Constitution draft nears completion
Consolidation of the University's student government could be coming.
The conception of the final draft of the Rutgers University Student Assembly Constitution is nearing completion, after student leaders reviewed the document late last week, said Ryan Cooke, student representative for the Board of Governors and Livingston College senior.
"There was a mostly positive reaction," said Yonaton Yares, vice-chair of RUSA and School of Arts and Sciences junior. "There were some suggestions that really made this document a better one."
Yares and Chris Keating, RUSA chair and Rutgers College senior, drafted the constitution during the winter break.
"We've been working on a new constitution since we came into office," Yares said.
Part of this effort was the creation of the Constitutional Review Committee, which was suspended Jan. 7th, said Cooke, former chair of the committee.
"[The draft] reflects the Committee's principle outline: simplifying the structure of student government, consolidating meetings and centralizing the model around the University's unity," Cooke said.
The final body will consist of 90 members, not including the directly elected chair, vice chair and treasurer, Keating said.
"This directly elected body is optimal and as evenly distributed as our unique campus will permit," Keating said. "There are 48 School of Arts and Sciences students directly elected as Campus Council Representatives and 24 School of Arts and Sciences students directly elected as Senators. Finally, there are approximately 18 professional school students."
In addition to altering the structure of student government and its elections, the new draft calls for a new campus council to represent off-campus students, which includes students who commute from further than New Brunswick, Piscataway or Highland Park.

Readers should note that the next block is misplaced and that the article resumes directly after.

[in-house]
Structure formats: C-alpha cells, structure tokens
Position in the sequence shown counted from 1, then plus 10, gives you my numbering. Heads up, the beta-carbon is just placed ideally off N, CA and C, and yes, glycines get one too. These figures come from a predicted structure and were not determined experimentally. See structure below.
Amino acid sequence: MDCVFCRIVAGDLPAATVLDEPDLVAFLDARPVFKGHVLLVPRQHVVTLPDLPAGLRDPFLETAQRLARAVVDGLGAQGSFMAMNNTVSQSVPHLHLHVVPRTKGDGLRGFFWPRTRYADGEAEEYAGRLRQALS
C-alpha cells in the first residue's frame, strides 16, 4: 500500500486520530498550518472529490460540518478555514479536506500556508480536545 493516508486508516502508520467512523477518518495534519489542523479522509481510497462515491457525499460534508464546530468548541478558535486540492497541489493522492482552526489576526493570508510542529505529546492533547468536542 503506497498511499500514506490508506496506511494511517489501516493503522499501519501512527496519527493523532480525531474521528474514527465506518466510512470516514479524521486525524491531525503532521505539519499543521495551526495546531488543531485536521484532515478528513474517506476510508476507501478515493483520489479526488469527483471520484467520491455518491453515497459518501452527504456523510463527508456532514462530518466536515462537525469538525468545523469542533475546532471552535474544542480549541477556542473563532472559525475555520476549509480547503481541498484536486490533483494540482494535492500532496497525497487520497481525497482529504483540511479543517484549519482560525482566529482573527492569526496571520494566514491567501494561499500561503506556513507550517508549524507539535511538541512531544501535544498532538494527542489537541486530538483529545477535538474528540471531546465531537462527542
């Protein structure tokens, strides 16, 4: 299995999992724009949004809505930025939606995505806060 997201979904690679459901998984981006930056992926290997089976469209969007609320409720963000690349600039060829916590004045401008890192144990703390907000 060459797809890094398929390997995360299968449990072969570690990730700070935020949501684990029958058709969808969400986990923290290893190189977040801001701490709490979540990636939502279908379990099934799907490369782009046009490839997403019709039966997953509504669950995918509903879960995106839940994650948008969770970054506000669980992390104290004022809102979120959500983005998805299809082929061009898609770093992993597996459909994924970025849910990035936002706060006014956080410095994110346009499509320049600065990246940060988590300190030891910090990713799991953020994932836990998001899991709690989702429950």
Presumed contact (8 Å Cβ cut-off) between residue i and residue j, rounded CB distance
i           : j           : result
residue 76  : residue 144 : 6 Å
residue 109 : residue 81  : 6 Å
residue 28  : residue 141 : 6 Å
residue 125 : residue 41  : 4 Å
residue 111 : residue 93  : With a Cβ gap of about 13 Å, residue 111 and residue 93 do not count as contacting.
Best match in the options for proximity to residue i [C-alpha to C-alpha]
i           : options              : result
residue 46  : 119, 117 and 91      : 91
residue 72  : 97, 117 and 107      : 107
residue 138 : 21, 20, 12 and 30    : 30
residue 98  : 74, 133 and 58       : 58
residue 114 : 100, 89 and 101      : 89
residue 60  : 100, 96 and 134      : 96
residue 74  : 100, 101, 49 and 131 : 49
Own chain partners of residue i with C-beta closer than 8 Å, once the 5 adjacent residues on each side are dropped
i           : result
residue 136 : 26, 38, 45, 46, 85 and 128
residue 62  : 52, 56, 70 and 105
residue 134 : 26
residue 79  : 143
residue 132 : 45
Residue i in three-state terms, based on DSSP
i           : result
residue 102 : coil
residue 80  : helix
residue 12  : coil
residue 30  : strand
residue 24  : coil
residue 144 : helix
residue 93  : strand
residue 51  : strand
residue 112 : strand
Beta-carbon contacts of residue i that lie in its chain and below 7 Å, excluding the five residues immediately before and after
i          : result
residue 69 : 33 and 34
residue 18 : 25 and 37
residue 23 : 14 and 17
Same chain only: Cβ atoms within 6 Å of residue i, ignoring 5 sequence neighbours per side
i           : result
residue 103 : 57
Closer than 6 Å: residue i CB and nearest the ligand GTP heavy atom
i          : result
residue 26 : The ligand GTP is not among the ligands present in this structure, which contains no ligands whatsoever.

"Traditionally, the off-campus population has been ignored," Yares said.
Campus councils and professional schools will have two representatives per class as opposed to three, which is an alteration the Review Committee made, Cooke said.
The draft regulates all legislative power to RUSA. Most of the power that campus councils and professional schools have would be redirected into their eight representatives with the adoption of this draft, according to the document.
But Keating said the redirection of power and consolidation of structure will ultimately result in a benefit for all concerned with the New Brunswick/Piscataway campus.
"In two years, once the provisional amendment period is over and the structure is perfected, the current freshmen and sophomores will inherit a student government that is most efficient and makes sense," Keating said.
Within the next week and a half, the final draft will likely be voted in the referendum, Cooke said. The referendum will likely take place two Wednesdays from now, during the traditional weekly Wednesday night meeting.
During this period of time, the draft will travel through several more committees to be reviewed, Cooke said.
"This is a worthwhile document," he said. "If it were to go to vote today, I would vote yes."